OVERVIEW: Tunisia has a rich Christian history. It produced the notable church fathers Tertullian and Cyprian and the Christian martyrs Perpetua and Felicity. The third Council of Carthage ratified the New Testament canon in Tunisia in A.D. 397. However, today Christians make up less than 1 percent of the population. Since the Arab Spring uprising, which began in Tunisia, the country has become increasingly democratic, becoming the first government in North Africa to seek to protect religious freedom. But even with a rich Christian history and increased religious freedom, the gospel is opposed by many Muslims and has been slow to take root in modern Tunisia.
MAJOR RELIGIONS: 99 percent of Tunisians are Sunni Muslims. Less than one-half of 1 percent are Christians.
PERSECUTOR: Christian converts from Islam experience persecution from their communities, family members and co-workers.
WHAT IT MEANS TO BE A CHRISTIAN IN TUNISIA: The government is still learning how to properly protect religious freedom in a culture dominated by Islam. Although it is illegal for families to persecute family members who leave Islam, it still happens. If parents report a child who has become a Christian, police may arrest the child out of habit even though changing religions is no longer illegal. Churches function openly, and Christian converts from Islam are free to worship in them. However, open evangelism or proselytizing remains illegal. In remote areas, severe persecution continues. Muslim families feel ashamed by family members who leave Islam.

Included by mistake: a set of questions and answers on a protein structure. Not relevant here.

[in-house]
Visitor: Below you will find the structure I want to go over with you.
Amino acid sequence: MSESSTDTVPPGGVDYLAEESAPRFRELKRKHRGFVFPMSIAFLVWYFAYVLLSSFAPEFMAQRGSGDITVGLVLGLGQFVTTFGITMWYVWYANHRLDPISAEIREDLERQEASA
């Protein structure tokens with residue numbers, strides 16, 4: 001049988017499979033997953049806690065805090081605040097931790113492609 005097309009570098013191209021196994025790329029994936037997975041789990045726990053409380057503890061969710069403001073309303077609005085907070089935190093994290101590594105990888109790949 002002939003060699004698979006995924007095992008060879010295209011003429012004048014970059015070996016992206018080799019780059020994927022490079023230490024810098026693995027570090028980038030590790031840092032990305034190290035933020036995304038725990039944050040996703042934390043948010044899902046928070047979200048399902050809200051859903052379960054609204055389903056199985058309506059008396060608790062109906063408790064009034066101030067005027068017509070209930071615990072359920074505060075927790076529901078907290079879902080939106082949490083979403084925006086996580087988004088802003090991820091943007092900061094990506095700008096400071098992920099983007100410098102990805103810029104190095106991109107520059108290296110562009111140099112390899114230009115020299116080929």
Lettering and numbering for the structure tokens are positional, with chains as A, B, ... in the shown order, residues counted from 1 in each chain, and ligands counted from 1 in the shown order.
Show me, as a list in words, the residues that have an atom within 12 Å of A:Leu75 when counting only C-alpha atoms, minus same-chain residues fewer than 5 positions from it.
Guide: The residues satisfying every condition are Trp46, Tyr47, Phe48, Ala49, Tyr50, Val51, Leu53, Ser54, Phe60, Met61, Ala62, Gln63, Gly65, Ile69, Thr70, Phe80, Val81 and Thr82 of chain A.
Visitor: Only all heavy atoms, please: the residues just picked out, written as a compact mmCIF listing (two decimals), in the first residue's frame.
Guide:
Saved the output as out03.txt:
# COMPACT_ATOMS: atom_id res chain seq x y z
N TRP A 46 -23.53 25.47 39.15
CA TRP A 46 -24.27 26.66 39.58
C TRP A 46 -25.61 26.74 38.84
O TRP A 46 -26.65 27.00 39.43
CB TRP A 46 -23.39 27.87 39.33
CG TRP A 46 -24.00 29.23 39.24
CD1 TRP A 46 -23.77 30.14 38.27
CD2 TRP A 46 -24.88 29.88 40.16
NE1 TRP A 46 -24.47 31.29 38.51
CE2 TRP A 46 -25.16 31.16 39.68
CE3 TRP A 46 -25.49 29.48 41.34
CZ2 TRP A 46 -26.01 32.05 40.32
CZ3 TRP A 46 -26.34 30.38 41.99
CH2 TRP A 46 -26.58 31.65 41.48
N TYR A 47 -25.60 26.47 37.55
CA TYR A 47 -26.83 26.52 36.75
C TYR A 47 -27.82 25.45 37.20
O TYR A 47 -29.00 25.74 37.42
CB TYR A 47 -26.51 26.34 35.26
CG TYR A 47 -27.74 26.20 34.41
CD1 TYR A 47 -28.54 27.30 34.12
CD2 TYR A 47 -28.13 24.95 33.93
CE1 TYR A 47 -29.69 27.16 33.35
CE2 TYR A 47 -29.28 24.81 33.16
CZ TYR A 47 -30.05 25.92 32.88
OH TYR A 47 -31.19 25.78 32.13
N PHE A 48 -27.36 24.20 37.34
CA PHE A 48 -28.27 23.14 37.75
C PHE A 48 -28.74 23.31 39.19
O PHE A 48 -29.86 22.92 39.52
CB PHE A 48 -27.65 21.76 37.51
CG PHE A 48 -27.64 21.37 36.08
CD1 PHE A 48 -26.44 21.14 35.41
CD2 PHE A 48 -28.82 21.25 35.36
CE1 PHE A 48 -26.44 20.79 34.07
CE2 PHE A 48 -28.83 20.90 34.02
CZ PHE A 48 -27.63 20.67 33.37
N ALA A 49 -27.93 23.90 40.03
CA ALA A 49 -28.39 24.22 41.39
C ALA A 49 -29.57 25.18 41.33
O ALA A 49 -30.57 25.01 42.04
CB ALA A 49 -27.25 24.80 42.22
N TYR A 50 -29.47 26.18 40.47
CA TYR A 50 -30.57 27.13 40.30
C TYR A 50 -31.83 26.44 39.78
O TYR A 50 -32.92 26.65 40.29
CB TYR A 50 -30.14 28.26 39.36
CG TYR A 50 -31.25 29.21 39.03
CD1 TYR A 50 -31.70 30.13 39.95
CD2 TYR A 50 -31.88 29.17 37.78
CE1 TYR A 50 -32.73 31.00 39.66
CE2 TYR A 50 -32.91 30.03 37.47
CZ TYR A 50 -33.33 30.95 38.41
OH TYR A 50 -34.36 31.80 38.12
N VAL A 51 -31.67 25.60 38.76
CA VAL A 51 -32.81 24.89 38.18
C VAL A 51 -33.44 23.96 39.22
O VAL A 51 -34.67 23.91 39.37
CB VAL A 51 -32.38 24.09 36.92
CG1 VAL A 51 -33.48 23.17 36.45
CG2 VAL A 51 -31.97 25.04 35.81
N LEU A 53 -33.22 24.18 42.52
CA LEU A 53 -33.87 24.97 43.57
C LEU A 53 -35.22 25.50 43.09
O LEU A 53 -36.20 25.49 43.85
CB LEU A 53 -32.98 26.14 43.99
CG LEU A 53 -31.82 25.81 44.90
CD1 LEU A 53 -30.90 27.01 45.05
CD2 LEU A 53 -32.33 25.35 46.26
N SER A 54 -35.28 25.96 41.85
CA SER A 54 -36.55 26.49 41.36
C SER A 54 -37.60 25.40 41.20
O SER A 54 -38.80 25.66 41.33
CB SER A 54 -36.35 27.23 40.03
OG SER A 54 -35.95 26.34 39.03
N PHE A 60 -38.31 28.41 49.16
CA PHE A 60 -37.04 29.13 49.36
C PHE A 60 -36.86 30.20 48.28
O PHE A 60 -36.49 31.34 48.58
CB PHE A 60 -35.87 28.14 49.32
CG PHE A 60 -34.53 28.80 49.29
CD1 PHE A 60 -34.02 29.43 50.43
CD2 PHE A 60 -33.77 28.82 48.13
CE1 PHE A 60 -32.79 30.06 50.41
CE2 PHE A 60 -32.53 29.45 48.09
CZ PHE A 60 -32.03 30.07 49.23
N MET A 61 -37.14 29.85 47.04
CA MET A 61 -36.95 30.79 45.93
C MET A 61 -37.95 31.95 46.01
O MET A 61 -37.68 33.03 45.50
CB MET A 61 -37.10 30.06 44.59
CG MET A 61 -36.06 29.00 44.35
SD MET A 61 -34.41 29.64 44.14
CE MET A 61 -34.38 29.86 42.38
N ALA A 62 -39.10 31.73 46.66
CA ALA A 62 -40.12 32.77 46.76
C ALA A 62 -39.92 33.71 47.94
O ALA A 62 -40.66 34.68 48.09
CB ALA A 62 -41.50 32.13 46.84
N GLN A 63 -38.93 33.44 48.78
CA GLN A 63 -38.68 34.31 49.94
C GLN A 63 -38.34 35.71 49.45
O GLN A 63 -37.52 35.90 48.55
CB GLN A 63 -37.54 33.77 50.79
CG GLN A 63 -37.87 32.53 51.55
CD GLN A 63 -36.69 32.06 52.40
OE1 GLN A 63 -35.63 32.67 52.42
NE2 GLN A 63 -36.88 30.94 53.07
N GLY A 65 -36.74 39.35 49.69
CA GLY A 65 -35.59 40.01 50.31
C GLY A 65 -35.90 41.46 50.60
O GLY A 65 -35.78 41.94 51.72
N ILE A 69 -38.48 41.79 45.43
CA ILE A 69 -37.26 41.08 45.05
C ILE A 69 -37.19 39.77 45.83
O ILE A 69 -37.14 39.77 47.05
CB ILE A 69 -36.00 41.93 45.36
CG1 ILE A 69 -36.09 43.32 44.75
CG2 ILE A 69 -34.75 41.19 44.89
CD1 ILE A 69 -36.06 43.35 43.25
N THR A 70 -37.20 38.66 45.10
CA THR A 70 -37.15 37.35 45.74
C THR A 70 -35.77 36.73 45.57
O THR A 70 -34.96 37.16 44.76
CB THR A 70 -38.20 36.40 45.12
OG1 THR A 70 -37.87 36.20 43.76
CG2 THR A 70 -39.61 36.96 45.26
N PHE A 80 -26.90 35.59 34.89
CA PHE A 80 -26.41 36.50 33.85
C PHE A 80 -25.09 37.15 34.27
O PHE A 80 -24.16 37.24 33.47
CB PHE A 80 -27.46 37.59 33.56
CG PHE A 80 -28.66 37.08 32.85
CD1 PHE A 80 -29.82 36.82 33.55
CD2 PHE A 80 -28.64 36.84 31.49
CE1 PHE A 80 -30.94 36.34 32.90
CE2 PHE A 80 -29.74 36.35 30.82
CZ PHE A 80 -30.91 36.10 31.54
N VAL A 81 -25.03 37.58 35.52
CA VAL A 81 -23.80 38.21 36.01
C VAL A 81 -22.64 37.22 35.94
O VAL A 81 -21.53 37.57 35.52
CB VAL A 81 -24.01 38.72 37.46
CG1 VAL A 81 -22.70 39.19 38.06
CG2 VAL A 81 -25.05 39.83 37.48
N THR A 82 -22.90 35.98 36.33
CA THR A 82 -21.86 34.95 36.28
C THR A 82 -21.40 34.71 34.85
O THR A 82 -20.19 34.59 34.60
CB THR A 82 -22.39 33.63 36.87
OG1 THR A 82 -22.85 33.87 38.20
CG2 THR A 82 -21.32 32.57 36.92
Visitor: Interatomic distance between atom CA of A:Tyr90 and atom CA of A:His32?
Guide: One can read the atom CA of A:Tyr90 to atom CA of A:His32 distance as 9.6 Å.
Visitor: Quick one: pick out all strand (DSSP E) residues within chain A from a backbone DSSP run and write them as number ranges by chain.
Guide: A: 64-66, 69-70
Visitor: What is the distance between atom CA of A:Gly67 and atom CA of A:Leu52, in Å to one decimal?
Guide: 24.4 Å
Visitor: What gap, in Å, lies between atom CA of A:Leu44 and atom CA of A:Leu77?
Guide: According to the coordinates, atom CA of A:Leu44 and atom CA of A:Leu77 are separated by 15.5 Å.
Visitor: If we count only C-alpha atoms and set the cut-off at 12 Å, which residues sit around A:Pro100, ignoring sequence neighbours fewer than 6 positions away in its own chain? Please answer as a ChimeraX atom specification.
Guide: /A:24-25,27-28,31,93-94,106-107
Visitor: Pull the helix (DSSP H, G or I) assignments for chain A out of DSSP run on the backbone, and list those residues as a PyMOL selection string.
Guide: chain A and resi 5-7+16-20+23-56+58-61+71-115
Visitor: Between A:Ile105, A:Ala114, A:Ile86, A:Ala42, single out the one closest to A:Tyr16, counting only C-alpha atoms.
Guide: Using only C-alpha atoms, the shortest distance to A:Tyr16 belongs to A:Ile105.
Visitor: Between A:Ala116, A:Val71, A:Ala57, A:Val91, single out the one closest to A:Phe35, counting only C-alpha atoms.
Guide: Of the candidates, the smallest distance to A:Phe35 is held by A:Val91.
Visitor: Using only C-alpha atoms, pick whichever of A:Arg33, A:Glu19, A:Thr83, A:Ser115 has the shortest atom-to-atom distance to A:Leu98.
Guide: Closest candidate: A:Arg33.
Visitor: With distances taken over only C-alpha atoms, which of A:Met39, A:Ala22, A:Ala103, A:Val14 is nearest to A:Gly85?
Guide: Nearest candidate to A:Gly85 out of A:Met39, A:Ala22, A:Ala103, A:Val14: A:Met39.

ACCESS TO BIBLES: Bibles have been available in the past, but the last Christian bookstore in the country has closed. It is possible to distribute small numbers of Bibles and ship Bibles with official permission.
VOM WORK: VOM supports training and resources for frontline workers.